It looks like the consultation was just smoke and mirrors
Clement et al. will use the consultation as an excuse to ram these draconian changes down our throats. Thanks for not representing Canada at all Mr. Clement.



March 30, 2010

Fairdealer said:

@MousierLibre
It seems we agree in large part. Individual corporations are not a threat; corporations acting on concert are.

As to the idea of moving towards an "intellectual property society," I agree it's inevitable. The earth has few resources left; even fewer countries that have any in abundance. Canada, Russia, Australia and Brazil are the countries that will be able to survive as resource-based economies for the longest time. They have the largest and most diverse availability of various resources; and comparatively low populations.

The issue with an intellectual property society however is that by allowing it, we are cementing a wealth gap in place that may take us a millennium to defeat. Already 1% of people control over 95% of the wealth. The worst part is; when wealth arrives in their hands, they simply remove it from the economy. They rarely, if ever reinvest. This leaves 5% of extant wealth to recirculation, amongst the entire world, with the top 1% of people removing as much of it from the economy as they possibly can. More interestingly, those in power have vested interests in preventing the creation of new sources of wealth or knowledge that would threaten their ability to extract the maximum possible energy from the system.

The fact is that planetwide we simply don’t create as much new wealth at the bottom of the system as is extracted from the system at top of it. This means that overall everyone who is not part of that top 1% is going to have to get used an ever-diminishing amount of luxury. We neither create enough new “intellectual property” nor do we do enough terrible things to the environment to extract wealth from it. We simply can’t feed those on the top of the heap as much as they want any more, but this hasn’t diminished their rake. As such, the whole system is suffering, and a new aristocracy is being born; one of corporations and their leaders instead of nobles and kings.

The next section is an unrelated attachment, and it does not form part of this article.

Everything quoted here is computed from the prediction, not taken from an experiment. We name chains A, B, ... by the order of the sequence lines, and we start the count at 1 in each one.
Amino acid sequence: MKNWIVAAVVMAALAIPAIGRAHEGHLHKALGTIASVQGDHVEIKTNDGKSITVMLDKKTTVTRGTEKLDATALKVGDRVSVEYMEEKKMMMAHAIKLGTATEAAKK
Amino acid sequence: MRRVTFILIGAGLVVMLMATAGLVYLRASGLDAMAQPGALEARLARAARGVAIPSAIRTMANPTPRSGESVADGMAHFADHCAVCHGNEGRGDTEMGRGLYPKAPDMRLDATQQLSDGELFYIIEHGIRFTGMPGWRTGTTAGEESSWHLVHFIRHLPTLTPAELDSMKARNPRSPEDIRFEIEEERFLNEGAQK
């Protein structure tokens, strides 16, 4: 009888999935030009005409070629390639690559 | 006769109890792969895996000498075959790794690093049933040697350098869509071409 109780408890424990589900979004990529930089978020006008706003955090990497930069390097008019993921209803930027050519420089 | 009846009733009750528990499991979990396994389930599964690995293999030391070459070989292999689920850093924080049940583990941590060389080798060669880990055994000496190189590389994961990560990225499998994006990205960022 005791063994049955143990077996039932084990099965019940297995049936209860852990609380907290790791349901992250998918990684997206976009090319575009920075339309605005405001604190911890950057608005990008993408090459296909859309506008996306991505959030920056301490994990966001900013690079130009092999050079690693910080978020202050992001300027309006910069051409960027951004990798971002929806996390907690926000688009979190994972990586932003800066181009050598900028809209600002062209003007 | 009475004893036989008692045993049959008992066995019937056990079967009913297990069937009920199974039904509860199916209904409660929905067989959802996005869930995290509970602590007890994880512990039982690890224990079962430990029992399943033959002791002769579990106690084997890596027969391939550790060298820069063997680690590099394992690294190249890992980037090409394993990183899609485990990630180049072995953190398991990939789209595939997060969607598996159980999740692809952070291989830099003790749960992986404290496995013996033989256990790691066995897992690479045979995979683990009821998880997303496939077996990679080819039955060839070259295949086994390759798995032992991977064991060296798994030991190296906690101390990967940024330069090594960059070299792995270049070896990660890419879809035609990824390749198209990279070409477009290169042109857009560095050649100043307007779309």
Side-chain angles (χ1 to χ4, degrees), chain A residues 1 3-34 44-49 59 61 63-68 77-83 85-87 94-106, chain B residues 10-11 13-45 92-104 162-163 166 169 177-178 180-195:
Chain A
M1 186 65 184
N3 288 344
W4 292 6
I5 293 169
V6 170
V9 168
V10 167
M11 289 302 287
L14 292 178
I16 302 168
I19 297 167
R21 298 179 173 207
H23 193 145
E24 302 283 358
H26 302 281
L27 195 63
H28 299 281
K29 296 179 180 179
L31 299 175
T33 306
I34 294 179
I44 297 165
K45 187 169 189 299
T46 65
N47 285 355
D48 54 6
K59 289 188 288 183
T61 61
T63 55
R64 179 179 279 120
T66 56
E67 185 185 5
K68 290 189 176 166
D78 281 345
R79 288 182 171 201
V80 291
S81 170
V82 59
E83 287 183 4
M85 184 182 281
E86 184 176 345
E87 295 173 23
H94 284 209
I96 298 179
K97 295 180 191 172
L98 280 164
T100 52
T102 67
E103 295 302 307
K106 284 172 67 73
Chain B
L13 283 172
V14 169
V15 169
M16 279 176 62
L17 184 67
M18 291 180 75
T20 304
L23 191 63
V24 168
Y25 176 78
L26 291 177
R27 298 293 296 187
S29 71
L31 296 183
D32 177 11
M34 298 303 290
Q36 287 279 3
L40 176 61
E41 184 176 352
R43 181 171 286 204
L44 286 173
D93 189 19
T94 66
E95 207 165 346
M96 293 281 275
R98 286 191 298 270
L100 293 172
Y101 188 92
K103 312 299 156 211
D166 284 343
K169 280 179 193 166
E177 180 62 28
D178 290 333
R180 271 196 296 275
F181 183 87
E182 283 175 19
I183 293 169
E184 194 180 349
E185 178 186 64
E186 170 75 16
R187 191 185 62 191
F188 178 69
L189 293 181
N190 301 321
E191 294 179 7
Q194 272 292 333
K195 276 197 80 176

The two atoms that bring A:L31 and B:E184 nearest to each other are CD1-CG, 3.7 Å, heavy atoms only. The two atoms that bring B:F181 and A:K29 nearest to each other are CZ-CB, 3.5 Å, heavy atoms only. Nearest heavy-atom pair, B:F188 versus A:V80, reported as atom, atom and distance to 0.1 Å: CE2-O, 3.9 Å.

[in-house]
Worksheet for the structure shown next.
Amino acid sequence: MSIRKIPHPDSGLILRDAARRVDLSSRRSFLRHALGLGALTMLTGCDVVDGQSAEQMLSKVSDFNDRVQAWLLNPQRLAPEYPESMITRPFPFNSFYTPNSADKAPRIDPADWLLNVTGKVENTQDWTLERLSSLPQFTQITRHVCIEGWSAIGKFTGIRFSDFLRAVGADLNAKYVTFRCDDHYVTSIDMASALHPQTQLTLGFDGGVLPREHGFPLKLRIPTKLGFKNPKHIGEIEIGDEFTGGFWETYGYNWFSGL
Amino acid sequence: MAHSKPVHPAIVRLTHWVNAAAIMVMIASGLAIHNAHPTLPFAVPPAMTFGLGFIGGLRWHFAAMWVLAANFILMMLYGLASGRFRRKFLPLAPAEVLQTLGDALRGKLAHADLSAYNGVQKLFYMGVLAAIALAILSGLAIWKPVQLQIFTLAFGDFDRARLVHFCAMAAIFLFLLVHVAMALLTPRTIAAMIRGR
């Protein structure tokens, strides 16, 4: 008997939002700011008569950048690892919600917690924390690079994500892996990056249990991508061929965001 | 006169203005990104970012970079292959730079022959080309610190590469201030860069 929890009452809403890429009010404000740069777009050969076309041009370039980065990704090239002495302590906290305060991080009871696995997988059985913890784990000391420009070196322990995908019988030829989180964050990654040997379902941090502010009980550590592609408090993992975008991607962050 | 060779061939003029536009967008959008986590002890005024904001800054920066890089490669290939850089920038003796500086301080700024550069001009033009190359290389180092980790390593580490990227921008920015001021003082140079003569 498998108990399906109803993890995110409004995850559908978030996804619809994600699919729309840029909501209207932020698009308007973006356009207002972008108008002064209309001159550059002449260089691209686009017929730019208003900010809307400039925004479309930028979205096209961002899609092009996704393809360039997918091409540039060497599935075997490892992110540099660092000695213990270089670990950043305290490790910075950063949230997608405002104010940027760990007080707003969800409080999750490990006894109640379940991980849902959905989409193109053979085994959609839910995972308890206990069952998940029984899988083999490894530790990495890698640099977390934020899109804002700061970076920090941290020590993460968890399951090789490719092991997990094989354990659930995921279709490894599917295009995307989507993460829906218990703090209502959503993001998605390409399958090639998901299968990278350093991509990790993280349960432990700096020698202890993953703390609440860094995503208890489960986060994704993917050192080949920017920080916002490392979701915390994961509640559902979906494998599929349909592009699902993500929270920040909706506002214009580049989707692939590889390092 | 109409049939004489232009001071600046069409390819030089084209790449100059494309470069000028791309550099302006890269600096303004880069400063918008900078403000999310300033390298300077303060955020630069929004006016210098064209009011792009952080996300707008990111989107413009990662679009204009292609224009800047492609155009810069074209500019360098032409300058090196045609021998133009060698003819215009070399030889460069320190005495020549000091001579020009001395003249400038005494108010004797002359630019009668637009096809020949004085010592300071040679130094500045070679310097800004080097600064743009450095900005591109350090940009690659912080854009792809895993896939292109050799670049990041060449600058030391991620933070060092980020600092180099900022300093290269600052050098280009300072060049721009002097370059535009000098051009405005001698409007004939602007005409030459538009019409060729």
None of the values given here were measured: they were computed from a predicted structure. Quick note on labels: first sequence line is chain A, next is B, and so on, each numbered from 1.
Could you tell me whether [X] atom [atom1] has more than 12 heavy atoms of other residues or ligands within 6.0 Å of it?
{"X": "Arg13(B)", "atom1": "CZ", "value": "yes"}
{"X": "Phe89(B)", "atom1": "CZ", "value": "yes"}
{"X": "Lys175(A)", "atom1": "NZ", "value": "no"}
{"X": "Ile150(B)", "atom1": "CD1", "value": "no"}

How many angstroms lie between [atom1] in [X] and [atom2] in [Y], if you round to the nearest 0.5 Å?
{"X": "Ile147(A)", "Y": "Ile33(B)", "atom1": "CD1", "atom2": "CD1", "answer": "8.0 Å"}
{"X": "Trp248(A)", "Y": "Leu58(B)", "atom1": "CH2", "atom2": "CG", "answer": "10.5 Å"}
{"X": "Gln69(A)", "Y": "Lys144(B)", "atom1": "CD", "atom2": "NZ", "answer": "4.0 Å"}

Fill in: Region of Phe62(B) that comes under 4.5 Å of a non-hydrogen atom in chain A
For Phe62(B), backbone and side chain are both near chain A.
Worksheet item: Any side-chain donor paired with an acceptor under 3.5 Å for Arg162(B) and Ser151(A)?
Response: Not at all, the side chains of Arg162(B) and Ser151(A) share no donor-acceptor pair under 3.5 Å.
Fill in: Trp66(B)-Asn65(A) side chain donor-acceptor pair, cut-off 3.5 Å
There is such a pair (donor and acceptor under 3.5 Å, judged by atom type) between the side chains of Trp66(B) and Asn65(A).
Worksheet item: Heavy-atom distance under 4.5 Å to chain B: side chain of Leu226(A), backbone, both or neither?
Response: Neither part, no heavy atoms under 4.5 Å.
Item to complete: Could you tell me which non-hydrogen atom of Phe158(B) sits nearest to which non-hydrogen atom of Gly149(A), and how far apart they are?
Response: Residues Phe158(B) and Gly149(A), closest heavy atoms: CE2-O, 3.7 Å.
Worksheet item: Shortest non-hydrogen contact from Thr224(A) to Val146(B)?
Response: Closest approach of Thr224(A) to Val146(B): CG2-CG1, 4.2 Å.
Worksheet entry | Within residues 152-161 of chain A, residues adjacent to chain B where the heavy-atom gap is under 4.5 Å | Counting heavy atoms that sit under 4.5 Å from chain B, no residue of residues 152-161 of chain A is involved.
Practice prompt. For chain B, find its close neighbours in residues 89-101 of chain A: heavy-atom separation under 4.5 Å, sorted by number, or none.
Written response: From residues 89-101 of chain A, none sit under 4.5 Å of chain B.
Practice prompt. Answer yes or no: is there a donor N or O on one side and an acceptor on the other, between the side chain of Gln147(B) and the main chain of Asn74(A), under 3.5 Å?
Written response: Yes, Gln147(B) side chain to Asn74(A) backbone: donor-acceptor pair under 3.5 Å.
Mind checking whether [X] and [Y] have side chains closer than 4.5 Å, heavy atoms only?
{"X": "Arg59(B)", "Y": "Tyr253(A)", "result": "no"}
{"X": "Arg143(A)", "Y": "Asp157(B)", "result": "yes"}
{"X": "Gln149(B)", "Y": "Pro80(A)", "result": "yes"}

I can’t say for sure where it will all end, but I have my suspicions. I think your idea of a future “robotic society” is essentially correct. Robots will do the jobs we now assign to the poor; resource extraction, content creation, fighting in wars. What little “middle class” might still exist will be the handful of techs in the world required to build and maintain these robots. The rich will stay where they are, doing things that then, as now, we only barely comprehend. The poor of today, the teeming billions who are to be replaced by robots...will simply die off. There won’t be enough resources for them; they will be removed from the system at the top and never reinvested.

The sad part is, despite all the squawking here about the EU telling Canada what to do...the European parliament might well be the one true hope any of us have of avoiding this dystopia. Such an interesting turn of events then that the EU commission is so thoroughly corrupt; that it wants to tell Canada what to do.